Radiant Law: A New Band of Lawyers?
by James Chambers

In the music industry, the formation of Radiant Law in January 2011 would have been called a ‘super-group’: a band formed by musicians who are already famous. Cream and Crosby, Stills, Nash & Young are examples of successful super-groups. Depending on your age so too are Monsters of Folk and Them Crooked Vultures.

Forming a super-group can allow an established artist the freedom to experiment with new sounds that stray outside previously successful formulas.

The line-up of the Radiant Law ‘super-group’ includes a partner from Latham & Watkins, a partner from Morrison & Foerster, a partner and partner-to-be from Barlow Lyde & Gilbert and a senior in-house lawyer from Deutsche Bank.

Some in the legal press have labelled this new firm a boutique, and Radiant Law certainly ticks two criteria in the boutique definition: the firm is small – five guys in a room – and it specialises in technology and outsourcing.

But when we met Radiant Law at their London office in media and design-friendly Clerkenwell, Alex Hamilton – the former Latham & Watkins partner – was adamant that he has not set up a boutique. He points out that Radiant Law is something quite different.

Firstly, it is not a partnership. The five founders are all shareholders in a limited company. Two of them, Hamilton and David Skinner (ex-partner at MoFo), are directors of the company and all five hold the vaguer title of ‘principal’ rather than partner.

Secondly, the company has no plans to recruit associates. Instead all the heavy lifting will be outsourced to the LPO provider, Pangea3, in India. Only a secretary and a secondee from Pangea will swell the headcount in the near future.

Thirdly, the company – billed on its website as a ‘platform for innovation’ – is committed to offering clients fixed fees.

None of these factors necessarily make Radiant Law innovative. Our innovation reports with the FT in Europe and the US have shown that fixed fees and outsourcing are now common place. Iterations of these innovations do appear, such as BLP’s arrangement with Thames Water, but a straightforward outsourcing deal has not been recognised as innovative since 2009.

“The big change over the next few years is that we will get different models of law firm and I think the models will drive the innovation,” says Hamilton. Clearly alternative business structures, coming into force in October of this year, have the potential to make such law firm remodelling easier and more elaborate, but Hamilton says his firm’s approach has little to do with the Legal Services Act: Radiant Law is not going to float or accept outside investment any time soon and he sees the impact of the LSA more at the retail end of the market.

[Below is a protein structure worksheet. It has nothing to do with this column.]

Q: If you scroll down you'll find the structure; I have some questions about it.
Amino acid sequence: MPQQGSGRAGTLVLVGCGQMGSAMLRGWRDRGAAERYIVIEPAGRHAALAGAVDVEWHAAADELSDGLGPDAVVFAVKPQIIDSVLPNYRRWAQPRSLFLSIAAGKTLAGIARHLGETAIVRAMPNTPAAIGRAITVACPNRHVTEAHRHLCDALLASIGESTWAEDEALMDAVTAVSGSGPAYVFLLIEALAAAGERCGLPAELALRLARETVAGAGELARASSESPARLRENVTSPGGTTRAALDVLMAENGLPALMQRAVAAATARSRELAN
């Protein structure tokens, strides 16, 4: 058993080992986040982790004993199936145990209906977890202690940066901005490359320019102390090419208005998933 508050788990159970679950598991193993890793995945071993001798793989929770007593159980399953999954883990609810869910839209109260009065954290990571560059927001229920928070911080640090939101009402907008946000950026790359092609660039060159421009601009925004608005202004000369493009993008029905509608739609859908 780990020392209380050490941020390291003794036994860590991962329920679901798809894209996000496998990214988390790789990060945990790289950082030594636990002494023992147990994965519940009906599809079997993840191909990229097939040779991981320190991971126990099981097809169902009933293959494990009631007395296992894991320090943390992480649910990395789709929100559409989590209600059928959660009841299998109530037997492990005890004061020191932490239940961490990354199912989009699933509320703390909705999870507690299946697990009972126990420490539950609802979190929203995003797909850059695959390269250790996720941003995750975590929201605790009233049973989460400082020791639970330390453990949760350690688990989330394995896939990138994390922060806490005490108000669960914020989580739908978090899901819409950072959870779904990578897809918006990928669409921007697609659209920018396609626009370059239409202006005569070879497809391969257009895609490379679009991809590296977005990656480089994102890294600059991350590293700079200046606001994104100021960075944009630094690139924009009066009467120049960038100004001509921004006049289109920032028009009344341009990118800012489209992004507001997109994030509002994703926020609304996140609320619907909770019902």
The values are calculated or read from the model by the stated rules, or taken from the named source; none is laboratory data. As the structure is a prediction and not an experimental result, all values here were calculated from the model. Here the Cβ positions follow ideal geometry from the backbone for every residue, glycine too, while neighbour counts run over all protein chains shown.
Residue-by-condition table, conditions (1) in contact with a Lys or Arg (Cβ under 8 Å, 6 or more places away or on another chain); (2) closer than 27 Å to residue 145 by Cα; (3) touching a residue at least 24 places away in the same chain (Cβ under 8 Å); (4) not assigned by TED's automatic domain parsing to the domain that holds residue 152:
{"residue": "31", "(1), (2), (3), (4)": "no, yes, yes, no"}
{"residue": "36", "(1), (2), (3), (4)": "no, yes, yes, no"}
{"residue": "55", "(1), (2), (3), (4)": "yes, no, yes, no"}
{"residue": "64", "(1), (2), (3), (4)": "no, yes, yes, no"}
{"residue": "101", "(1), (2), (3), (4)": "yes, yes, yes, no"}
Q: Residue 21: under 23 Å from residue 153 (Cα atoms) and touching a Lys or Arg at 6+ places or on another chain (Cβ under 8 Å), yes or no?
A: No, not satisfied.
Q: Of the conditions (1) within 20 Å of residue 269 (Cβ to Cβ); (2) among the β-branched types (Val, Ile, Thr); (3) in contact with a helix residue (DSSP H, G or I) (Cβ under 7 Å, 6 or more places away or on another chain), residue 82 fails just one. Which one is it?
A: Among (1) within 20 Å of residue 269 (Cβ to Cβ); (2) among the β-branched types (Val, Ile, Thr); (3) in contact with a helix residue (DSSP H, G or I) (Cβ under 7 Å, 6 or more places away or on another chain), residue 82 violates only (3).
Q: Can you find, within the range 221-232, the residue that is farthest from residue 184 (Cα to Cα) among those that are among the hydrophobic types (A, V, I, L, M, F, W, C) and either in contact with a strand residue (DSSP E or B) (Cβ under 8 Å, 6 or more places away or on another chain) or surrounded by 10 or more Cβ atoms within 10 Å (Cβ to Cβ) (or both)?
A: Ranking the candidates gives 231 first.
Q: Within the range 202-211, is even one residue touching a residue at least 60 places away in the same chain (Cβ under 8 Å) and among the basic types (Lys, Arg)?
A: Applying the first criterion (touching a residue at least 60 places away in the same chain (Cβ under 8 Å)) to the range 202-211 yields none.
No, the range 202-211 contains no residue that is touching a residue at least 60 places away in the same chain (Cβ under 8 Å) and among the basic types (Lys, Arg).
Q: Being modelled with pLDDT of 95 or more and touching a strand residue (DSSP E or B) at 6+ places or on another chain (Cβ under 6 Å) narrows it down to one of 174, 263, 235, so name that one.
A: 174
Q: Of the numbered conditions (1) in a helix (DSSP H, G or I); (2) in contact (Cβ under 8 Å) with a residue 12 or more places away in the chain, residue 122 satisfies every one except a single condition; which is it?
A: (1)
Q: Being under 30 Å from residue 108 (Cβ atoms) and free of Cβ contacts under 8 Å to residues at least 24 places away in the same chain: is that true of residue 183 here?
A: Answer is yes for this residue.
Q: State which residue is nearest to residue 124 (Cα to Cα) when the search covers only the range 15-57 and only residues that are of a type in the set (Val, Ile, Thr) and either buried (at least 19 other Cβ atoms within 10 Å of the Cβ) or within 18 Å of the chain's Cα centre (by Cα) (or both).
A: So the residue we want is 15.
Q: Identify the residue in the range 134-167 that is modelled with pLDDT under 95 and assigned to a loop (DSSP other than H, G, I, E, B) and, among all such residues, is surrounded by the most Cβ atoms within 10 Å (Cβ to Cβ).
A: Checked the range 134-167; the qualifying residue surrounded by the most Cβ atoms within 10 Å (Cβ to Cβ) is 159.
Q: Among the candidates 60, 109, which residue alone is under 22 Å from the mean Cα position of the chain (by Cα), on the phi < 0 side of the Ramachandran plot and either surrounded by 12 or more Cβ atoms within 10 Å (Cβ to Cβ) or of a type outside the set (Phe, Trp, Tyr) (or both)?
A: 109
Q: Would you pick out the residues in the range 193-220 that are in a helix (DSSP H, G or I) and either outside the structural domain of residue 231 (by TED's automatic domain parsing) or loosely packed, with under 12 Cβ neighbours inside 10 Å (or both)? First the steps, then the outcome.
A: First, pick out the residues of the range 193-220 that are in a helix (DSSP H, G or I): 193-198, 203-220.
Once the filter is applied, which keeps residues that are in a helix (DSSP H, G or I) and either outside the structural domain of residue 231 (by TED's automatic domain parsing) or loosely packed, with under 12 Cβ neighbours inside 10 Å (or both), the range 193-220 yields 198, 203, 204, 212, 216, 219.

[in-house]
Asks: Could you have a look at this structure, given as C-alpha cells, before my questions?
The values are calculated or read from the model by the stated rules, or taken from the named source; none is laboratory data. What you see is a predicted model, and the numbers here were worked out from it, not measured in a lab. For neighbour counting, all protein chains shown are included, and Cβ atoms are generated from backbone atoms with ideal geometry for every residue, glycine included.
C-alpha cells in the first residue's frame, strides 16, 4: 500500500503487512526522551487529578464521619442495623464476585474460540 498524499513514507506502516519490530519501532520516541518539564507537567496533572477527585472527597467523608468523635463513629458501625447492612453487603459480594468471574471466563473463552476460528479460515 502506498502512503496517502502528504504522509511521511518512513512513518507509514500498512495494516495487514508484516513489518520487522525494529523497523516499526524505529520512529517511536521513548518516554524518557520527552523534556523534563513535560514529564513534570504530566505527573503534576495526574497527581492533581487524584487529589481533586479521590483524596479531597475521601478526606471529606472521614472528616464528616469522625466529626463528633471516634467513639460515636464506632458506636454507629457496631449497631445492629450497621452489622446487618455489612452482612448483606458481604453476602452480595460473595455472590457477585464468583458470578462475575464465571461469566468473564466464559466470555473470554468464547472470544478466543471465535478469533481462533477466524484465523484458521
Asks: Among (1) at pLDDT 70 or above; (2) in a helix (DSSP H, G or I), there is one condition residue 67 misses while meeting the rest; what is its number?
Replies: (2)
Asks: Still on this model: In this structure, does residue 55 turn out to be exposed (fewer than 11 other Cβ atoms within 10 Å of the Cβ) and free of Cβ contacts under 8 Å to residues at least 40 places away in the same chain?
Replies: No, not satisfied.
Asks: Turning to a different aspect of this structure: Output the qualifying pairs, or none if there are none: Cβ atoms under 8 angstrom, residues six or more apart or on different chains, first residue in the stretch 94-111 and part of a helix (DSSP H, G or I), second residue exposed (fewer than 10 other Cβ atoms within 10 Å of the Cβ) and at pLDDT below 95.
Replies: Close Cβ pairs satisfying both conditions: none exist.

Rather, Hamilton believes that there is a middle ground in between the big law firms and their relationships with know-how providers like PLC and LPO’s such as Pangea 3. He believes that most law firms have under-utilized the former and have a fractious relationship with the latter. Radiant Law, on the other hand, intends to offer clients an alternative law firm that embraces each of these elements at every stage of the business.

Hamilton is upfront about the firm’s approach and he is equally under no illusions about the originality of the offering. “Like any innovation,” he says, “it’s not necessarily about inventing something new but often about re-purposing what’s been done in other areas.” He speaks frequently about the latest developments in law firm management (he talks about Jeff Carr’s ‘four buckets’ concept with approbation) and he is candid when speaking about himself: “I’m a magpie. I like to collect interesting ideas.”

In last year’s FT Innovative Lawyers Report in Europe, Alex Hamilton was a top ten innovative individual for his work at Latham & Watkins, where he has been consistently vocal on the topic of legal innovation. Between 2006 and 2009, three of his innovations were featured in the Innovative Lawyers Report.

These days, however, he talks – and smiles – like a man free of the frustrations of a big law firm. Away from securing management committee approval he can now experiment with the latest technology and green light his own initiatives; the first being the establishment of his own firm.

The future of Radiant Law looks as exciting as it does uncertain. Some super-groups only last for an album before egos collide and musical differences are cited, whilst others can go on to enjoy fame in excess of their original status.

Ultimately, whether this new band of lawyers lasts for one album or goes on to redefine the industry will depend upon the client fan base it can attract. The firm did not mention any trophy client names to us but they have corporates and banks in their sights. Hamilton says they hope to compete with firms like Eversheds, BLP and Kemp Little.

Can a new model law firm grab the attention of a client? Geoffrey Timms, Group General Counsel at Legal & General, would not rule out using a firm like Radiant Law. But in an increasingly crowded market, he says “the bottom line is whether they could convince us that we will get a better service for a better price.”